Raohe Night Market can be easily reached from the Songshan MRT Station and is set on a 600-meter road. Both of its ends are marked by intricate paifang Chinese archways, its eastern one sitting right beside the gorgeous Ciyou Temple. Unlike Shilin Night Market, this one is more straightforward, with only a few side streets running out from the main road.
And knowing that food are much cheaper on these side streets than on the main thoroughfare, it was on one of those where we found our dinner. On plastic chairs and collapsible table right by the alley, I ordered fried pork liver rice (TWD70.00) while my friends asked for bowls of braised pork rice with egg and bamboo shoots (TWD45.00). After ordering, I immediately went back to Raohe Night Market’s main avenue and bought a piece of deep fried breaded large chicken chop sprinkled with pepper and spices of unknown origins (TWD65.00). It was amazingly huge, tasted amazingly good, and is probably amazingly bad for your health, lol.
Later, we shopped around, me looking for bootleg Star Wars Lego mini-figures (found one stall selling them bagged, not boxed, for 50.00TWD each, not a bad price, really) while my friends were busy checking out clothing stores after clothing stores.
We ended our day across the main road at the western end of Raohe Night Market where we found local eateries selling Taipei Beer for a cheap price. We chose a spot right by the sidewalk and drank the night away.
|RAOHE STREET NIGHT MARKET’S EAST PAIFANG|
|FRIED, ERRRR. CHICKEN?|
|LOVELY SETTING FOR DINNER|
SHIDA NIGHT MARKET
TRAIN STOP: GREEN LINE, TAIPOWER STATION, EXIT 3 • OPEN HOURS: 12:00PM TO 12:00AM • GPS COORDINATES MAP: 25.024515, 121.529381
The last night market we visited in Taipei before flying out of the country that same night was the Shida Night Market. Located in the Da’an District, it’s about eight minutes walk away from the Taipower Building MRT Station. Again, we visited it since it was the closest night market to the Chiang-kai Shek Memorial Hall where we spent the sunset at, thanks to Flytpack for that.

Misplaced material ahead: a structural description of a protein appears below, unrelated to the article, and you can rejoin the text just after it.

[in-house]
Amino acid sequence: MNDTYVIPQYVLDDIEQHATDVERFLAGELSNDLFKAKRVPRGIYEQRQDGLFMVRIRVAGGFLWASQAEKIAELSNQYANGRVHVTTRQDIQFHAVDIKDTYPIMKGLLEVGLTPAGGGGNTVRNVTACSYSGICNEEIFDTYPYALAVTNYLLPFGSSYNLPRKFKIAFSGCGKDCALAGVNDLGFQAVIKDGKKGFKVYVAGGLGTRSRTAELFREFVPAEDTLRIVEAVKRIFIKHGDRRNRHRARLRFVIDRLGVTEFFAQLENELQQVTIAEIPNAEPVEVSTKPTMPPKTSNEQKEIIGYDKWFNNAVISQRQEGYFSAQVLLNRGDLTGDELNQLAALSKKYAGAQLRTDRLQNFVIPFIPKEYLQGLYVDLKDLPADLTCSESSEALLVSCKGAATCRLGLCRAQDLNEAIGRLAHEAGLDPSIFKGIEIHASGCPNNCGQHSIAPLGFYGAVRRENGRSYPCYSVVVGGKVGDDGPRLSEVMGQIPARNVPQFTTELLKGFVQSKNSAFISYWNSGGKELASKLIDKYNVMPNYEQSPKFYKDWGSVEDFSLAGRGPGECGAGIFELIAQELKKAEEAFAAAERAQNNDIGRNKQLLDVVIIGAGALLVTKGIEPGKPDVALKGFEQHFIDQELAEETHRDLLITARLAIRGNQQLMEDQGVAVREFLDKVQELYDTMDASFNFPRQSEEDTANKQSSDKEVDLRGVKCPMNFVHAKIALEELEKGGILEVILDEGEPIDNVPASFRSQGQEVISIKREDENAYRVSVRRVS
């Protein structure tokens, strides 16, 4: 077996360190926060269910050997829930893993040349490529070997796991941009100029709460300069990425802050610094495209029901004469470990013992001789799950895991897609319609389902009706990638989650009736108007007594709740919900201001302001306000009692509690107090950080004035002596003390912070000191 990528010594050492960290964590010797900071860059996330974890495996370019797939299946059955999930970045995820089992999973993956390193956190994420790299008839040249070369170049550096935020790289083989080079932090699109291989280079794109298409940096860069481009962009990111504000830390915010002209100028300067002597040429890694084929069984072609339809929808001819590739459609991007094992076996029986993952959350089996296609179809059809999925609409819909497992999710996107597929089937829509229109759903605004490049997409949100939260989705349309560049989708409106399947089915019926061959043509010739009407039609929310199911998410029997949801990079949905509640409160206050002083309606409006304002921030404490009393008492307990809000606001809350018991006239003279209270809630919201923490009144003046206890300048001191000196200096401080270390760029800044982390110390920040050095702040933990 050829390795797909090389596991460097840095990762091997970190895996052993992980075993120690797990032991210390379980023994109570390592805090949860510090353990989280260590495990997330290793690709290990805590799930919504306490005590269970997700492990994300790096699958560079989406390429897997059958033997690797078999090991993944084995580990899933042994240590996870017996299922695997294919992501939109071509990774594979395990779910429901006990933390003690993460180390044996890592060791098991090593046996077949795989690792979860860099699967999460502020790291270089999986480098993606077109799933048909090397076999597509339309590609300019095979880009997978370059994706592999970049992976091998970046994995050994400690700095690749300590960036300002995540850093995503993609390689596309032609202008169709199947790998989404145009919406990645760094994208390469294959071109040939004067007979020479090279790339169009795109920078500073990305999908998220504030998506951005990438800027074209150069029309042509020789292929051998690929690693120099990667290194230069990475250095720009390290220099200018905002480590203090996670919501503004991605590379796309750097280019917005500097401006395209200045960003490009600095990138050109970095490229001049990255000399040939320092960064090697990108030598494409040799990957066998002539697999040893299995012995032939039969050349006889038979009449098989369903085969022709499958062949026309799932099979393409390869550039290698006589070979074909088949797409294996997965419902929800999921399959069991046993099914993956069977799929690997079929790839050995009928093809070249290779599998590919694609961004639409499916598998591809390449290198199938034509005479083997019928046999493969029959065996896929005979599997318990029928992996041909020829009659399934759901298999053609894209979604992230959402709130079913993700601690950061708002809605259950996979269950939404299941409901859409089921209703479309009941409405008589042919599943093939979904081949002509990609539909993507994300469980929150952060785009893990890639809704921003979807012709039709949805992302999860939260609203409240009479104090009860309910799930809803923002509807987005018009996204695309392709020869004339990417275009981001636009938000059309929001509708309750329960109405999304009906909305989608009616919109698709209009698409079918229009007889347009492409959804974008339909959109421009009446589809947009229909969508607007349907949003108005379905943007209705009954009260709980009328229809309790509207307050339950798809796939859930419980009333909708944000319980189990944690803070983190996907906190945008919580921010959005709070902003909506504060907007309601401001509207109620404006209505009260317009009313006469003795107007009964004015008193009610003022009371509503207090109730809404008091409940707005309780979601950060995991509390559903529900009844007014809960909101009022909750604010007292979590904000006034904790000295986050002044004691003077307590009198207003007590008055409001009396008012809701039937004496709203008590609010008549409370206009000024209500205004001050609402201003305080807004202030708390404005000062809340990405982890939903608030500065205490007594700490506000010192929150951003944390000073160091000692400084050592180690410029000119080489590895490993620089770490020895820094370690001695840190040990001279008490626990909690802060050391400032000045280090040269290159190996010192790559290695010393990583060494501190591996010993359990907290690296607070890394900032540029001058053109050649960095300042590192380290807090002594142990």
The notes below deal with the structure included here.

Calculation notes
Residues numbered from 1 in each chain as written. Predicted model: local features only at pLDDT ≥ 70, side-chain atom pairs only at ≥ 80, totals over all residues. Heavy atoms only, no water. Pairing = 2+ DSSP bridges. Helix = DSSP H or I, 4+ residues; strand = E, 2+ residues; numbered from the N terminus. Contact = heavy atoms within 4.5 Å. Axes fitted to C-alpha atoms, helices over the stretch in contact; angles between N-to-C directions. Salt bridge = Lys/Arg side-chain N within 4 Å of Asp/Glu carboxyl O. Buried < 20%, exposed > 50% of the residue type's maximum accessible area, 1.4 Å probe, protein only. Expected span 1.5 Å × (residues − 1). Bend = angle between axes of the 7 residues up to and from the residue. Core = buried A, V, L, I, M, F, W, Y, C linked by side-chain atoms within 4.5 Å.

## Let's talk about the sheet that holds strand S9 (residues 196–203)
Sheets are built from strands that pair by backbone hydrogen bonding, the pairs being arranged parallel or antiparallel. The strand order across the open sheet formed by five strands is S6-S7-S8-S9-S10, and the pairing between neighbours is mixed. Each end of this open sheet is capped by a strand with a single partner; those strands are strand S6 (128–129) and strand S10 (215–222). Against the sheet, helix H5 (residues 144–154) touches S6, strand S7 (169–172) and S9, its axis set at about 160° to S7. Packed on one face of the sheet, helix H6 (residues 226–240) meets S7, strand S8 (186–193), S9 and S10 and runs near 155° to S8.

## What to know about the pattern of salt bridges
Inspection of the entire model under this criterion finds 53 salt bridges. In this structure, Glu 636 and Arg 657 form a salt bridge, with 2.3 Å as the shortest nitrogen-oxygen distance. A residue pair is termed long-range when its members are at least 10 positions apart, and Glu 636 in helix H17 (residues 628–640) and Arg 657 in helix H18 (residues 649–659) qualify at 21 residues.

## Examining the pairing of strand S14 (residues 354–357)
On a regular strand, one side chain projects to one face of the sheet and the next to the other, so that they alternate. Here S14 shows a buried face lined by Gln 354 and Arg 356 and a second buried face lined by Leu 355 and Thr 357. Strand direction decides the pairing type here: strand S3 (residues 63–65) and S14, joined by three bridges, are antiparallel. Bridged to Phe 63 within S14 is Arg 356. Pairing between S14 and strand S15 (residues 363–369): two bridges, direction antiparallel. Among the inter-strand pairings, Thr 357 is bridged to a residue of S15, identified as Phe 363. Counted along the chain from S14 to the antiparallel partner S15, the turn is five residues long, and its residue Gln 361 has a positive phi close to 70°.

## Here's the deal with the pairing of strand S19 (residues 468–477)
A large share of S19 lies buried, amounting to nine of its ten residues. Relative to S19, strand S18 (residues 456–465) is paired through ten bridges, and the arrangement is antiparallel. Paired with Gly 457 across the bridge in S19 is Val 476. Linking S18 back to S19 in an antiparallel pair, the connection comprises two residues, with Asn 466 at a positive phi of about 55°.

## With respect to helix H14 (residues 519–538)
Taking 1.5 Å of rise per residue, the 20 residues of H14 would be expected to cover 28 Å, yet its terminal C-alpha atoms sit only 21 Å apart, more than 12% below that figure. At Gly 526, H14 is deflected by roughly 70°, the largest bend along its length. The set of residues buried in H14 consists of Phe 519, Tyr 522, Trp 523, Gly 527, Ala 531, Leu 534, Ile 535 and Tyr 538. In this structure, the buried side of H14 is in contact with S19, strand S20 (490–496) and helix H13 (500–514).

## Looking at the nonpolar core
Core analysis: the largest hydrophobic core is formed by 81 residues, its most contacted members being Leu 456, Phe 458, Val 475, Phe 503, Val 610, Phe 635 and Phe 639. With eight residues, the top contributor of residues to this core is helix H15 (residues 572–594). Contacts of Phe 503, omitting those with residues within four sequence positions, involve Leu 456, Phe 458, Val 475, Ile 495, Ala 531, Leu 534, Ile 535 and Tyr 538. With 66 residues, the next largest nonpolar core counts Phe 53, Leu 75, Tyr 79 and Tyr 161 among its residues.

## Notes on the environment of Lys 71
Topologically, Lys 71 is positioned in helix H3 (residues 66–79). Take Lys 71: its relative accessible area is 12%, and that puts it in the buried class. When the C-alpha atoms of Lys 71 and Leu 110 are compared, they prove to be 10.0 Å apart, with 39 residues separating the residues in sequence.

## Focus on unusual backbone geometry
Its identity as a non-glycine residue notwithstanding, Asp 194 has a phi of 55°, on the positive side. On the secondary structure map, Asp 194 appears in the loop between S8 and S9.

Since we had a filling late lunch of Taiwan’s famous beef noodles and fried pork ribs, we really weren’t that hungry. Plus, with our dwindling funds, we simply had a gua pao pork belly bun (TWD50.00) on one of the hawker stalls we found along one corner of the Shida Night Market. Our dinner was made right in front of us, the seller quickly taking a piping hot steamed flat soft bread on one hand while filling it, with super lightning speed, with our choice filling—red-cooked pork belly and stir-fried suan cai (pickled mustard greens), cilantro plus ground peanuts. He quickly handed it to us as we surrendered our money, wolfing it down as fast as he made it. It was that good.
Shida Night Market looks more upscale than the two previous night markets we visited. There are no stalls in the middle of the streets and the stores off the sidewalks are more like trendy boutique types. There were also lesser visitors here, mostly composed of the younger crowd. That’s not to say though that the prices are higher, in fact, my friends were able to score the cheapest jackets here at only TWD383.00. They also said that the choices here are much more unique and fashionable than at Shilin and Raohe.
|THE UPSCALE SHIDA NIGHT MARKET|
|TAIWAN’S ORIGINAL GUA PAO, IT’S WHERE OUR CUA PAO CAME FROM|
|HAWKER STALLS ALONG SHIDA NIGHT MARKET|